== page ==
On December 12, 2019, the Chicago Architecture Biennial invited us to organize an event around our book The Funambulist by its Readers: Political Geographies from Chicago and Elsewhere (digital version is freely accessible here). We had the luck and honor to hold this event with the five Chicago-based activists (Patricia Nguyen, Jesse Mumm, Maira Khwaja, Benji Hart, and Anjulie Rao) we commissioned specifically for this book to describe the political struggles they have been a part of against the municipality’s policing, neoliberal and racist policies, in particular during the two terms of Rahm Emmanuel (who was one of the initiators of the Chicago Architecture Biennial). This event was a renewed opportunity for us to reflect on our participation to the biennial, shared between a clear adhesion to the statement drafted by its 2019 curators (Yesomi Umolu, Sepake Angiama and Paulo Tavares) and the normalization of the politics enacted by the municipality of Chicago as well as the biennial’s main sponsor, BP (see statement below).
Special thanks to Marguerite Wynter and Alex Priest.
Opening statement by Léopold Lambert ///
I acknowledge that we’re holding this event on the Indigenous land of the Council of the Three Fires: the Odawa, the Ojibwe and the Potawatomi nations.
Acknowledging the true owners of the land is not a liberal expiation of guilt, nor is it a statement about how, “a long time ago,” this country was established on the theft of land and genocide. It is however an invitation to only think of this place as an active settler colony in the present. This also means that every person who does not belong to one of the numerous Indigenous nations of Turtle Island and South America, or who was not brought forcefully to this continent in the context of the European slave trade, or who was not explicitly welcomed by Indigenous nations themselves (as it has been and continues to be the case with many refugees); every person who came voluntarily or whose ancestors came voluntarily to this continent is a settler who has a material debt towards the legitimate owners of the land. This also means that the extreme majority of architectures and infrastructures of this continent is a means to enforce the structures of the settler colony and that we, as architects — for those of us who are architects — are, among others, responsible for it.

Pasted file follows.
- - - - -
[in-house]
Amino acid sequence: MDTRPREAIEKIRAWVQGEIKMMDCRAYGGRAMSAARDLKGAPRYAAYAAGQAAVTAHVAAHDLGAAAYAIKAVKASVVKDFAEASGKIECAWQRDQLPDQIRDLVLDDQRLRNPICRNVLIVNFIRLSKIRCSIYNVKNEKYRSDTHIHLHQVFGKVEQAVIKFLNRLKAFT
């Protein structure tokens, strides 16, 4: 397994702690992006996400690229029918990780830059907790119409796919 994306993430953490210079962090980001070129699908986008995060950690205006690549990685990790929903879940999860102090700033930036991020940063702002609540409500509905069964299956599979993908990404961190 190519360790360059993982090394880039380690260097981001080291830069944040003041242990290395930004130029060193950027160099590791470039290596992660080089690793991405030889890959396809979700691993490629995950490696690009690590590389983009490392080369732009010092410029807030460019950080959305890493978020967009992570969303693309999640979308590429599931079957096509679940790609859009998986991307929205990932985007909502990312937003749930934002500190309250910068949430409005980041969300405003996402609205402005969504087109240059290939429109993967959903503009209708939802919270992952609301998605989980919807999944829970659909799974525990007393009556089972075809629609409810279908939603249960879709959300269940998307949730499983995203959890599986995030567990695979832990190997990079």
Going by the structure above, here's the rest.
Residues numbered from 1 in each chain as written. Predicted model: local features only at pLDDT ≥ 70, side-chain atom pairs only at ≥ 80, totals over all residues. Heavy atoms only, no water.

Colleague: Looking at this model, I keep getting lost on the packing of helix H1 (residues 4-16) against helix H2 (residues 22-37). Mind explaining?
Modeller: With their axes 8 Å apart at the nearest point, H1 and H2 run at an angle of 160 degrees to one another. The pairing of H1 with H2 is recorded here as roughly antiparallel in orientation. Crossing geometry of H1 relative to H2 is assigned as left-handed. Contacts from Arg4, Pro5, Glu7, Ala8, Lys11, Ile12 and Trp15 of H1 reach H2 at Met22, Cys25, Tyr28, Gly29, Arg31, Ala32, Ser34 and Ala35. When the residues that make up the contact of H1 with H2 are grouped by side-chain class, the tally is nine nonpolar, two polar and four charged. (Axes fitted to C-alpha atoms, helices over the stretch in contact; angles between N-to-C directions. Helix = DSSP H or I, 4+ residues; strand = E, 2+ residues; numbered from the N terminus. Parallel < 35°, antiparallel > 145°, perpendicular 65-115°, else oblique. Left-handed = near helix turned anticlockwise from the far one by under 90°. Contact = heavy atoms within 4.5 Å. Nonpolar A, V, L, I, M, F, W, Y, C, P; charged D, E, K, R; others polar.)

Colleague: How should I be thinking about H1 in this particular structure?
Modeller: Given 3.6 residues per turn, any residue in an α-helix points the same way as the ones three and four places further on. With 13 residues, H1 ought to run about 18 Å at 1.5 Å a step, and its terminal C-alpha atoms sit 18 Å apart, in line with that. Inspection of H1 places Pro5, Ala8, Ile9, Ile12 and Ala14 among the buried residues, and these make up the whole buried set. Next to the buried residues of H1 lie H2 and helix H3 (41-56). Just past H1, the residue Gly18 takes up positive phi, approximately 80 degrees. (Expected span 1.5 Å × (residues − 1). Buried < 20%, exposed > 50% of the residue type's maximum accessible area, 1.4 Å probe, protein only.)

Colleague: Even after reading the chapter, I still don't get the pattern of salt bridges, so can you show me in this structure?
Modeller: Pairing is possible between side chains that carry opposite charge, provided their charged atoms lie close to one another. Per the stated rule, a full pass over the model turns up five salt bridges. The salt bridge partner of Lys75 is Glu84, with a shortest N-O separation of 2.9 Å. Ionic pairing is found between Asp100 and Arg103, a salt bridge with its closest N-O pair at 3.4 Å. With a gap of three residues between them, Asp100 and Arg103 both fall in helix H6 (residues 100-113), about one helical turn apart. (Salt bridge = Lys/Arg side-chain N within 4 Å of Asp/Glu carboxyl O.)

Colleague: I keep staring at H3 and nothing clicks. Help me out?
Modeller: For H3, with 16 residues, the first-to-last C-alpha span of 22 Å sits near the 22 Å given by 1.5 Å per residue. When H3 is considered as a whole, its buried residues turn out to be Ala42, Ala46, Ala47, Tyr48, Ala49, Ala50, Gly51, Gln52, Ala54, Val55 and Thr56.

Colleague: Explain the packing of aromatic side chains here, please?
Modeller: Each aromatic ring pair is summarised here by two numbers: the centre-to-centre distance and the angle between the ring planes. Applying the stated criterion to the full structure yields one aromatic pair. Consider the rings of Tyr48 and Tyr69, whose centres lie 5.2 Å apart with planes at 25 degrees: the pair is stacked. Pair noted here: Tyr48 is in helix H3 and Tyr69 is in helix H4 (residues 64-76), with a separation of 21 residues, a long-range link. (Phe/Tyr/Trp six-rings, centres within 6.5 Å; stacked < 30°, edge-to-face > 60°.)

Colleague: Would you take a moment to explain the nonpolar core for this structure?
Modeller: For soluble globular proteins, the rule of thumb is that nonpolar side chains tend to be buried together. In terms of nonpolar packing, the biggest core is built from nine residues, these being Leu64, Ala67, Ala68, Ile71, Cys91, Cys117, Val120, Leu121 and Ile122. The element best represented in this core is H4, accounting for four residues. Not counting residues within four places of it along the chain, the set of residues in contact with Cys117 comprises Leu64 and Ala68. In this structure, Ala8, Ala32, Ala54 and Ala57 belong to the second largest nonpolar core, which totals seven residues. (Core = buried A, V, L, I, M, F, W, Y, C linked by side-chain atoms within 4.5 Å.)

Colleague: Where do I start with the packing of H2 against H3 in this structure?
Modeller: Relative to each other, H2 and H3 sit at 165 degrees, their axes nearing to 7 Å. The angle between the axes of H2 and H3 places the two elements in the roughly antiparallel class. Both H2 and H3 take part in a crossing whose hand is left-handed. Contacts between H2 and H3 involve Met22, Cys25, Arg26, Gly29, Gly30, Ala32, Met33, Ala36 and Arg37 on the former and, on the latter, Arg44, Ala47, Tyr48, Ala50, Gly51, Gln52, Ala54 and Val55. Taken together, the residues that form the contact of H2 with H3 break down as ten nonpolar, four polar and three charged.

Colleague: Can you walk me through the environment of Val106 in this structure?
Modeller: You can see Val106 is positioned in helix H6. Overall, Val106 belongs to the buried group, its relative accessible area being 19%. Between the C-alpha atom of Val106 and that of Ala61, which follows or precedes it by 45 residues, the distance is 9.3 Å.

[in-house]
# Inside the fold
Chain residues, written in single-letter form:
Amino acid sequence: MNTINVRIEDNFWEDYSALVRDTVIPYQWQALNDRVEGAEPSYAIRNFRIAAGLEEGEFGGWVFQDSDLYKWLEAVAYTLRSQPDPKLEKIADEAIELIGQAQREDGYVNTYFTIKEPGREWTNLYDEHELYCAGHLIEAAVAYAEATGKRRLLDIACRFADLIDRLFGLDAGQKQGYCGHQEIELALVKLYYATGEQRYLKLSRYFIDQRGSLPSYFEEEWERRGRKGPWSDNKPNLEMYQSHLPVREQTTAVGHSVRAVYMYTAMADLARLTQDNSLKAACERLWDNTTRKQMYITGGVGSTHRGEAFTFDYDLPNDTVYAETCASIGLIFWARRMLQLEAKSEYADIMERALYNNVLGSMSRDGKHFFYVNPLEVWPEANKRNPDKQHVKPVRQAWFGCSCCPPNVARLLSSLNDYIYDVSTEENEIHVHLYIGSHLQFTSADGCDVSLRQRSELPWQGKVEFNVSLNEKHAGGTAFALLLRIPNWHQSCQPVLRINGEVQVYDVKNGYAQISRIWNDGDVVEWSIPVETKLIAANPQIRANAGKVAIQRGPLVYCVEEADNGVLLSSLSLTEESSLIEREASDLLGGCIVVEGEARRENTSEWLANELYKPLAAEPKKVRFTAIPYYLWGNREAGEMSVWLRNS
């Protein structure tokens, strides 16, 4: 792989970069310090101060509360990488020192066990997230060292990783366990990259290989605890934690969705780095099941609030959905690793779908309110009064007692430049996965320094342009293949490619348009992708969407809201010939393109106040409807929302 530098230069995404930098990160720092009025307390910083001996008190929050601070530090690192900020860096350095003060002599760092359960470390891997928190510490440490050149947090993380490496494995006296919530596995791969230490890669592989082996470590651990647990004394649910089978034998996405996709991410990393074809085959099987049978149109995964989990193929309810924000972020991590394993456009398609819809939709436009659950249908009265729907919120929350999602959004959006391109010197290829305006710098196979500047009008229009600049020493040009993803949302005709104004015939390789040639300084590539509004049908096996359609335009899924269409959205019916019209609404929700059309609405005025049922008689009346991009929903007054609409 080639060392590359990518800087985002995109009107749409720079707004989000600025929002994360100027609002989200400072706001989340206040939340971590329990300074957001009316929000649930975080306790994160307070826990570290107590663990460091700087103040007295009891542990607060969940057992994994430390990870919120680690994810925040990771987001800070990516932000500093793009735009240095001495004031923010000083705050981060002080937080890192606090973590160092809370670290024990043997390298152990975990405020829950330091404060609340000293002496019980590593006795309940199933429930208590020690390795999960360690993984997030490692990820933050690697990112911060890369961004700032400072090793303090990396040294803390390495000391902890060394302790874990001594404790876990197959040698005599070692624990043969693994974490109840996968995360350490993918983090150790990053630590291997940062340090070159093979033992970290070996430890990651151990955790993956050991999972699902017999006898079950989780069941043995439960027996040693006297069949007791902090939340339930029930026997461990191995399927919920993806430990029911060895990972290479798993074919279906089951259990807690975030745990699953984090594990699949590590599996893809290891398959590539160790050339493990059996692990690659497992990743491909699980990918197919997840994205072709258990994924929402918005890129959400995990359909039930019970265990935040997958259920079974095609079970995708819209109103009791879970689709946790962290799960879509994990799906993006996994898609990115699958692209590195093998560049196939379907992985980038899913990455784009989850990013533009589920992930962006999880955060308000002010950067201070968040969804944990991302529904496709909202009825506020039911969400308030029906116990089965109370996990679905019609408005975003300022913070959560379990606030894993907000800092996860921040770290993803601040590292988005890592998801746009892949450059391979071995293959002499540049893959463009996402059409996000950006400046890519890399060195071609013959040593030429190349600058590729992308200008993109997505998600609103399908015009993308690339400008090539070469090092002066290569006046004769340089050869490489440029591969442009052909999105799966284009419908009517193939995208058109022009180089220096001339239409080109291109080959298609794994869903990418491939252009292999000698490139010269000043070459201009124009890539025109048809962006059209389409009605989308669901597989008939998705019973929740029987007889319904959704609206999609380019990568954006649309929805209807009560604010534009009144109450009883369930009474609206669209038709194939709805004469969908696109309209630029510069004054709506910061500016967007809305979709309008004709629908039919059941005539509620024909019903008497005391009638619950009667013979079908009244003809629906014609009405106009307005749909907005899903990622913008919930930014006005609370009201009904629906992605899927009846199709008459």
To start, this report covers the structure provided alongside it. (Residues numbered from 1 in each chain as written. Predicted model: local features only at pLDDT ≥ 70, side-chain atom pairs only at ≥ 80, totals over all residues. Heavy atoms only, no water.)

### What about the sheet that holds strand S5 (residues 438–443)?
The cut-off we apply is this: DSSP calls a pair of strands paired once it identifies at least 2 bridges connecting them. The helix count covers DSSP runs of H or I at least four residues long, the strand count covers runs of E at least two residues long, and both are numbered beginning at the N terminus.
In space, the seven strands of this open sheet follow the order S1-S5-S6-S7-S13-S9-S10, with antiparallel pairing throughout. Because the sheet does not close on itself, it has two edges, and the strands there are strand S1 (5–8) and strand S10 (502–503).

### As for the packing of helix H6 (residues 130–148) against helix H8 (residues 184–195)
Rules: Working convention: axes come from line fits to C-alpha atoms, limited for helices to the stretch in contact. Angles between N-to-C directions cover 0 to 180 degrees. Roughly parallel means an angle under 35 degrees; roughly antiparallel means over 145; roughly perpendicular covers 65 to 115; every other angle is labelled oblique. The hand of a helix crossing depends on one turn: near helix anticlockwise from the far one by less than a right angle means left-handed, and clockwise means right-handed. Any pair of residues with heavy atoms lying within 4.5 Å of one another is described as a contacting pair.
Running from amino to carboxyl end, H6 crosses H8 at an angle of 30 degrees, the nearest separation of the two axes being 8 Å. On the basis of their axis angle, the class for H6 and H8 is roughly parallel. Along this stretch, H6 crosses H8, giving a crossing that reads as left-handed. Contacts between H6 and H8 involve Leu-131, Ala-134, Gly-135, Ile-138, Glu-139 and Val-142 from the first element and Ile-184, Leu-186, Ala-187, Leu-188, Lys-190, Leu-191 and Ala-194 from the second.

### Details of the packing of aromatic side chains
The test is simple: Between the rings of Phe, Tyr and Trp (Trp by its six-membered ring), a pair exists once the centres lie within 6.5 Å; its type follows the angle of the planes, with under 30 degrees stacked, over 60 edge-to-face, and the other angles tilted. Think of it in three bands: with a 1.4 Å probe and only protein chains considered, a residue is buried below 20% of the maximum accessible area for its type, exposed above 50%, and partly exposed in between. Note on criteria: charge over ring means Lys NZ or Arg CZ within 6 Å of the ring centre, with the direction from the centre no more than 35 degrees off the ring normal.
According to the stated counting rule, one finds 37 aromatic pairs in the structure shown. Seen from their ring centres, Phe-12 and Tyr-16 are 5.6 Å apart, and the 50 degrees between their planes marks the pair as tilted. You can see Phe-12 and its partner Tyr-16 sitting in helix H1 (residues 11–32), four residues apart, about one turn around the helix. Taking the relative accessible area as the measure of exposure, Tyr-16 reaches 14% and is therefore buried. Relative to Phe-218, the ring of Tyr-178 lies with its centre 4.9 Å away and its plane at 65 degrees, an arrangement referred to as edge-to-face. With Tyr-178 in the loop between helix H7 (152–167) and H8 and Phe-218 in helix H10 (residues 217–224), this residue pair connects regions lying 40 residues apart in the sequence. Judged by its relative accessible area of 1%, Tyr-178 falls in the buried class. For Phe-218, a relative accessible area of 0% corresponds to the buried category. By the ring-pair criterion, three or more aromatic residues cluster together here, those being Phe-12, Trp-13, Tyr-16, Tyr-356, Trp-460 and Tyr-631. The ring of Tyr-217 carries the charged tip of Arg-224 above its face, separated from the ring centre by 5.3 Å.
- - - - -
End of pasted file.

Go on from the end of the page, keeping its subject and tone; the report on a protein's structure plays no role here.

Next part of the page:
I also acknowledge that, by having accepted to contribute to this biennial by producing the book we will present tonight, we, The Funambulist, are contributing to the normalization of the settler colonial infrastructure and of the ecological disaster, since the main sponsor of this institution is British Petroleum BP. Our trust for this year’s occurrence’s brilliant curators as well as the personal intuition that the political benefits outweigh this normalization is what makes us feel like it was the right decision, but we could not possibly be sure of this. We were even less sure when we saw that the inaugural dinner was hosted by Illinois governor J. B. Pritzker who, among many other things, is notorious for his support of the Friends of the Israeli army which is enforcing with great violence another settler colony on the land of Palestine.
I want to be clear that saying all this is not affecting our gratefulness to the curatorial and organizational team of the biennial for having invited us to what, in terms of contents, might be one of the strongest architectural exhibitions I have ever seen. It is however crucial that we take our responsibilities and be fully aware of the political contradictions we enact when we accept to work with such large institutions.